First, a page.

It cannot be stated often enough or well enough that the ministry contains, and even requires, all types of people. Some are quick to light, like newspaper, while others are excellent at carrying the burning process from cardboard to small branch. A few in our midst are accelerants—where “a little dab will do”; even fewer are matches. Some are half-consumed logs from previous burn days. With a skill for identifying them, one might be able to find people who are like wedges of poplar that can heat up the fire hot enough to catch the maples which can heat up the fire long enough to catch the oaks—and once the oaks catch, then even green wood will burn. Every once in a while a mammoth stump of locust can burn for days and days and still be too heavy to roll. (One such stump smoked for nearly a week after the fire was extinguished). But a safety-tipped match will never light a locust; not even a locust twig. There are multiple kinds of diameters and densities and proximities and qualities that work, or fail to work, together for building a sustainable, controlled burn. The ministry leader will know this and train others in the whole process—not just in how to strike a match and watch it burn. Once again, the goal is not fire; it is a controlled burn … but really, with the wide angle lens, the goal is training others how to make controlled, sustainable, safe, productive, and long-lasting fires who can also train others in due time.
While it is somewhat risky to leave such a young flame at this early stage of a burn day, I know that such a large pile of debris needs the same fire-starting process to be started on the other side of the circle—so the ends can meet in the middle. There is quite a bit of rushing back and forth at first to keep these two fires going. But, since the first one caught with a little bit of a head-start, I can go and “borrow” a firebrand from the one to aid the other. Not any smoldering stick will suffice. The borrowed torch must be a solid branch that is white hot otherwise it will go out before I walk the ten feet around in the rain. But if I can encourage the fledgling side with a robust portion of the established side, then both sides can benefit. The risk of weakening the strong without truly strengthening the weak is always a possibility, but sometimes a gamble is required.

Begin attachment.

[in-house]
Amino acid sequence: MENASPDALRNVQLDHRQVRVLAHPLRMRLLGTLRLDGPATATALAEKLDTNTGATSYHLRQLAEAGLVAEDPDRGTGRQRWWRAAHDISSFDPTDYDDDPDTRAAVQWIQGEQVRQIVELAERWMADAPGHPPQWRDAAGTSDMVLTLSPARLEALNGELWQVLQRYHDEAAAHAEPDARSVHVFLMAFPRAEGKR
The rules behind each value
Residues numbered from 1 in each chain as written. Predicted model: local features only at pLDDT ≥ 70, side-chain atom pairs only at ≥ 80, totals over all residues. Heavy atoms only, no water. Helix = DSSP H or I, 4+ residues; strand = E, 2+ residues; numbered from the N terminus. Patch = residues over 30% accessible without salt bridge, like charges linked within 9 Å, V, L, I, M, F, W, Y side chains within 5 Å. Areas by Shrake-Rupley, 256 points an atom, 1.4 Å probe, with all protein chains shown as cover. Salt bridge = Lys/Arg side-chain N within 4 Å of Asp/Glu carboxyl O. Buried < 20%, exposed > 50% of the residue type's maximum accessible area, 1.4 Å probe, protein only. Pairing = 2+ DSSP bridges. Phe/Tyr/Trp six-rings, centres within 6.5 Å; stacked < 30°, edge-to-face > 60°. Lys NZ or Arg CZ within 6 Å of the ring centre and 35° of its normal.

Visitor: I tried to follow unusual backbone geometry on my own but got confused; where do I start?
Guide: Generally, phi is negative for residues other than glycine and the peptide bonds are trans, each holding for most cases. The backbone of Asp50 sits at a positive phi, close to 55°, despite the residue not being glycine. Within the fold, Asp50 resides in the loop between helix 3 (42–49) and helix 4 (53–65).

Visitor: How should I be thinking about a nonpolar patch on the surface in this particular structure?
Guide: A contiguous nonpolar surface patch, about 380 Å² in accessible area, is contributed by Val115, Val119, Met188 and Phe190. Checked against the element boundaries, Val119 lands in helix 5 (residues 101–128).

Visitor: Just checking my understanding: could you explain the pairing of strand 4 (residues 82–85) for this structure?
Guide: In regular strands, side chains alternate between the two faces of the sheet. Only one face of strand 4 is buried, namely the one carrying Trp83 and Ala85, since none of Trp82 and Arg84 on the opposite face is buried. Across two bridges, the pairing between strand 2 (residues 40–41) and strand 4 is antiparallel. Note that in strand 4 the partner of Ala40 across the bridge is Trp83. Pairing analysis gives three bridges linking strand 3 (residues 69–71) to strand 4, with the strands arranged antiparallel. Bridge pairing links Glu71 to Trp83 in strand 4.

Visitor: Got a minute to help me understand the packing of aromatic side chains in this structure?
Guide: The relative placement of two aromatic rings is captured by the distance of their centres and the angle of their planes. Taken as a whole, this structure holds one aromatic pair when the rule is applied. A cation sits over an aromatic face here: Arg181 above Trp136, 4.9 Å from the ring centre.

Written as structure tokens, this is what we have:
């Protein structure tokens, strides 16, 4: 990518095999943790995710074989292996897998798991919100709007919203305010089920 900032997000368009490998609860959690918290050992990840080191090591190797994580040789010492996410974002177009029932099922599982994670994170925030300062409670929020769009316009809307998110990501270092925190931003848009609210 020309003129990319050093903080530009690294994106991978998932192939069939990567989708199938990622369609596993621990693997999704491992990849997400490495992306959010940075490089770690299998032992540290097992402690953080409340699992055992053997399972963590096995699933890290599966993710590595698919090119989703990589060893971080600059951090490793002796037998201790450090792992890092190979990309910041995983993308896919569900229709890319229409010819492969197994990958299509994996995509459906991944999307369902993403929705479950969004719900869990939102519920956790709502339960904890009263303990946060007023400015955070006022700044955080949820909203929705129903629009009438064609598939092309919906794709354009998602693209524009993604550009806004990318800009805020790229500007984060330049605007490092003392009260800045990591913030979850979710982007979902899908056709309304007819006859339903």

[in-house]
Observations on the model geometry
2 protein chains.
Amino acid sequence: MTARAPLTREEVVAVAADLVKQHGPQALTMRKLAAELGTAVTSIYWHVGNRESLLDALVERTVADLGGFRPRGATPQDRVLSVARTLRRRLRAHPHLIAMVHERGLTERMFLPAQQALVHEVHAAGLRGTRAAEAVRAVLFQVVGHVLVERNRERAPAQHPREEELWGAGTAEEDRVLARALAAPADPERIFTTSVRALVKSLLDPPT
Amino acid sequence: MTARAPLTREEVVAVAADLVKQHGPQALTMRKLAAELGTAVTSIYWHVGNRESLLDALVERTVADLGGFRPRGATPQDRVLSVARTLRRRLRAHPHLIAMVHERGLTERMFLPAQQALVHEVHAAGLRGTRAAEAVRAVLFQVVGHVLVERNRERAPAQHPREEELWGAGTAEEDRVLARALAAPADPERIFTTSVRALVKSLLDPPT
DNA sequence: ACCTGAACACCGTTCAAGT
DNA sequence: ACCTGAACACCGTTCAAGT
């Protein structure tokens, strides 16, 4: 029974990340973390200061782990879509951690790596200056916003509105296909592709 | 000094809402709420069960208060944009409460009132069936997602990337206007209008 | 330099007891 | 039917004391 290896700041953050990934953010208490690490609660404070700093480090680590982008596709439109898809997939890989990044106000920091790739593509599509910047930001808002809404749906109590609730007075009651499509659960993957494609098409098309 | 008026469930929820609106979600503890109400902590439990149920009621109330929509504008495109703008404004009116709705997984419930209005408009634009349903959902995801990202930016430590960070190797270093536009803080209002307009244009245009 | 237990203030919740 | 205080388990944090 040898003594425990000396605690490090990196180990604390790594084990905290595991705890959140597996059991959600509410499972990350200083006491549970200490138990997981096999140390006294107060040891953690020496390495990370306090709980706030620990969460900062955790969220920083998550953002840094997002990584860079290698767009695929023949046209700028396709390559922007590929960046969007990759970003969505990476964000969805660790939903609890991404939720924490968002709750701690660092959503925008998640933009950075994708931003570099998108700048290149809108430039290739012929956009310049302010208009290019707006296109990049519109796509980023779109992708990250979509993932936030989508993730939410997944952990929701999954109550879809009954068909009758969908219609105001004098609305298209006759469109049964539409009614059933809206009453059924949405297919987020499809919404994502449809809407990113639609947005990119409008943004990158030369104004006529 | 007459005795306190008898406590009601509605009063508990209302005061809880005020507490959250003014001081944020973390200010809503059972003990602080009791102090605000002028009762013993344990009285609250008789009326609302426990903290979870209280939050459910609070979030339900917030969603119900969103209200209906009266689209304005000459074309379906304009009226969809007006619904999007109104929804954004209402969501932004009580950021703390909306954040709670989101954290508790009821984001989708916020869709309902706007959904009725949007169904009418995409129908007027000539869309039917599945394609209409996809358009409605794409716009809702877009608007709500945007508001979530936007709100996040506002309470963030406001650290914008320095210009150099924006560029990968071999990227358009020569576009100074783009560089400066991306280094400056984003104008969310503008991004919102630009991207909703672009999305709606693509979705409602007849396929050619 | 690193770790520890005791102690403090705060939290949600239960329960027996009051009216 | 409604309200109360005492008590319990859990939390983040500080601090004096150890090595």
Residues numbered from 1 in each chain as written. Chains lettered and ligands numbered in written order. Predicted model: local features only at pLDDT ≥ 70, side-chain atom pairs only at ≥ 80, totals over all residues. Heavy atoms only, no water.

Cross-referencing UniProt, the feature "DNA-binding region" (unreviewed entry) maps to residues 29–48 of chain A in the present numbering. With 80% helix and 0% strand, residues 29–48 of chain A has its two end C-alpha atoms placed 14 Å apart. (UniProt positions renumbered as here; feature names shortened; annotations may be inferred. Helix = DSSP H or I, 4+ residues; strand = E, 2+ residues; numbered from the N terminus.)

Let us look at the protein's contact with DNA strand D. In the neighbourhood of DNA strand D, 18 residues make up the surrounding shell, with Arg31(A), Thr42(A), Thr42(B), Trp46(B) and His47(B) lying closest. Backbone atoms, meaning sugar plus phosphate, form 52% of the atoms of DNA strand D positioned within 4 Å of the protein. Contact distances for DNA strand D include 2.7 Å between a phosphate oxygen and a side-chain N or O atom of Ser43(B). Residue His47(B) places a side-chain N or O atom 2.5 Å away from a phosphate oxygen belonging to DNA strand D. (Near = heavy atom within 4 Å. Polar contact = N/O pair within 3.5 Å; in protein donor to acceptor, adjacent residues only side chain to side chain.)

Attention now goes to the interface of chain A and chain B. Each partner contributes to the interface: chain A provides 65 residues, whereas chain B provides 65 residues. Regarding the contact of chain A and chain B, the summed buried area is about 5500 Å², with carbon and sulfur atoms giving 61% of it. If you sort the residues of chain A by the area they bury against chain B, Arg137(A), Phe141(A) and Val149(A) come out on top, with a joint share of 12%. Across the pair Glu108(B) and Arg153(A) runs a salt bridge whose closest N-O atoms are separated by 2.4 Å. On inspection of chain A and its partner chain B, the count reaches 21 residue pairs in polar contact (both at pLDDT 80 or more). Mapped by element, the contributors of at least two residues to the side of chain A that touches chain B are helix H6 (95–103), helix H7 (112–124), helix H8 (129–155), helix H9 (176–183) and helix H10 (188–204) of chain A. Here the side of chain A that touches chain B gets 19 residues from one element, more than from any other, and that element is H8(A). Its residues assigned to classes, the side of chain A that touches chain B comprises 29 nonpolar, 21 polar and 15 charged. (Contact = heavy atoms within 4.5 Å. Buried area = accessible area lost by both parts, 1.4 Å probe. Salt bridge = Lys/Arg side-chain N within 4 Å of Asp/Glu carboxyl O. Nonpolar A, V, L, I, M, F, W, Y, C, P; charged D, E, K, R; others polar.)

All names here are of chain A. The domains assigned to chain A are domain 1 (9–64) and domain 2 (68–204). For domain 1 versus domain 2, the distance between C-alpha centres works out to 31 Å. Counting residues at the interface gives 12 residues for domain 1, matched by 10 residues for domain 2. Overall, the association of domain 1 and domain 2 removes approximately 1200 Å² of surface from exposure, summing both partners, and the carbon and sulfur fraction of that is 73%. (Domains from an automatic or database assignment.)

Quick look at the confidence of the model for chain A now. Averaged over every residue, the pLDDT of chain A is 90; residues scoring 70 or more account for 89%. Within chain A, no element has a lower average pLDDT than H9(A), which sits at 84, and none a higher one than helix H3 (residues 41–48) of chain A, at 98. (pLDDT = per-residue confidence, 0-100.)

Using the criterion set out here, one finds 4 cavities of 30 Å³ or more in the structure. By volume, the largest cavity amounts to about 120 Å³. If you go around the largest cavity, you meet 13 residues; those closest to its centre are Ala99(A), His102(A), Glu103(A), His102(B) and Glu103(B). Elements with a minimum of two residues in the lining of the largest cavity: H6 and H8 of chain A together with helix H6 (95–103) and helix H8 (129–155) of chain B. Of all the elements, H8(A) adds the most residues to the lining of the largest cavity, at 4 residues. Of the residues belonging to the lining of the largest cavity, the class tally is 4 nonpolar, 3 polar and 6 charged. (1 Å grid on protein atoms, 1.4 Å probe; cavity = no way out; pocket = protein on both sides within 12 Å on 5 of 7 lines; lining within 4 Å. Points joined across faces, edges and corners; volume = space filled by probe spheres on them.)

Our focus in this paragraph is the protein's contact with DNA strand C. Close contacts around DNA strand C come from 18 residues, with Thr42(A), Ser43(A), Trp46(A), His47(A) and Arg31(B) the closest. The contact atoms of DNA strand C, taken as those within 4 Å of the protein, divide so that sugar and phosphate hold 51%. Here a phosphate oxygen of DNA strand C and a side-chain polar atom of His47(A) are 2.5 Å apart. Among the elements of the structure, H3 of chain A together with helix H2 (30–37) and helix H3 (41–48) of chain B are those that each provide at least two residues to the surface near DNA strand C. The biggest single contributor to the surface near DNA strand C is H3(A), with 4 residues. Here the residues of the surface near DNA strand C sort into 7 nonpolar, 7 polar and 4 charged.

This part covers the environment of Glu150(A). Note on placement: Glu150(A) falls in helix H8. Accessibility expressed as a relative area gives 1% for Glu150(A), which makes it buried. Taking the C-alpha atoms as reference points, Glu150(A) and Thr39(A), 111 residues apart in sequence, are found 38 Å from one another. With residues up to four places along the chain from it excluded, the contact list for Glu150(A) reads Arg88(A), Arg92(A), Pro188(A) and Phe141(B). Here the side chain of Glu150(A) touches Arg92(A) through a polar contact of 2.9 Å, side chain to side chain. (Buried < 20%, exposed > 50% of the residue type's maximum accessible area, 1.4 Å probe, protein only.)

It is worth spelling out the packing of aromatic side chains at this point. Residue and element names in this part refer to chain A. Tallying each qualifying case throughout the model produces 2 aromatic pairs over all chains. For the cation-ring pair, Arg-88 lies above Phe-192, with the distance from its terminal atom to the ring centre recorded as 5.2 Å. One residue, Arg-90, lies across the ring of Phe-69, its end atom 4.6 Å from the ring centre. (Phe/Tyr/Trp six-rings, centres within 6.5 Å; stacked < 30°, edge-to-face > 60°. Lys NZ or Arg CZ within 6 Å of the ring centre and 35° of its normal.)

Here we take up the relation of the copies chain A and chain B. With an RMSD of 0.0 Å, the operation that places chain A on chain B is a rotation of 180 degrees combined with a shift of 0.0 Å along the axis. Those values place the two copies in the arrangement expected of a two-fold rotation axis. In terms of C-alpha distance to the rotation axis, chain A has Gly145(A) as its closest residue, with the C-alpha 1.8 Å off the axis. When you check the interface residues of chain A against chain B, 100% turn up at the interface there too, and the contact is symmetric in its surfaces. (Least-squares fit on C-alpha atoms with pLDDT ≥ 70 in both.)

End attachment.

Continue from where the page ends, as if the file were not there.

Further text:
The placement and redistribution of hot coals is a skill and an art form; a risk and a reward. It is almost like the ministry of a bishop, I suppose. The assessment of the health of several churches and the wise placement of “fuel, oxygen, and heat” in strategic places is all but gone in the wider Christian subculture today. That is too bad, but certainly understandable. Churches have been burned by other churches so often and so badly that it is arguably easier for one to exist independent of the other. Trusting a leader to move people and resources around for the health of the larger body of Christ is virtually non-existent within or across denominational lines. Nevertheless, the Scriptures are clear—we are not independent. The missionary spirit—being “ready to go willing to stay”—would help the at-large church more than it costs the church or threatens the churches who are so insecure to release their clutches on their territory. Yet most churches still maintain a “ready to stay willing to go” attitude, if not a “must stay and scorn those who suggest otherwise” spirit. But that lends itself to a lopsided burn.
So, the fire is catching. The coals are dropping deeper into the heart of the burn pile and a symphony of fire-music is starting to sing. The larger branches are now igniting the logs that crisscross this brambly maze. But the hard work is just beginning. This 6-foot tall by 10-foot wide pile of branches is only part of the wood that needs to be burned today. I must now go and gather other branches for the fire. The physical work is tough to drag these limbs up the mountain slope and throw them on the fire. But the opportunity for burning will not last forever. “Today is the day for burning.”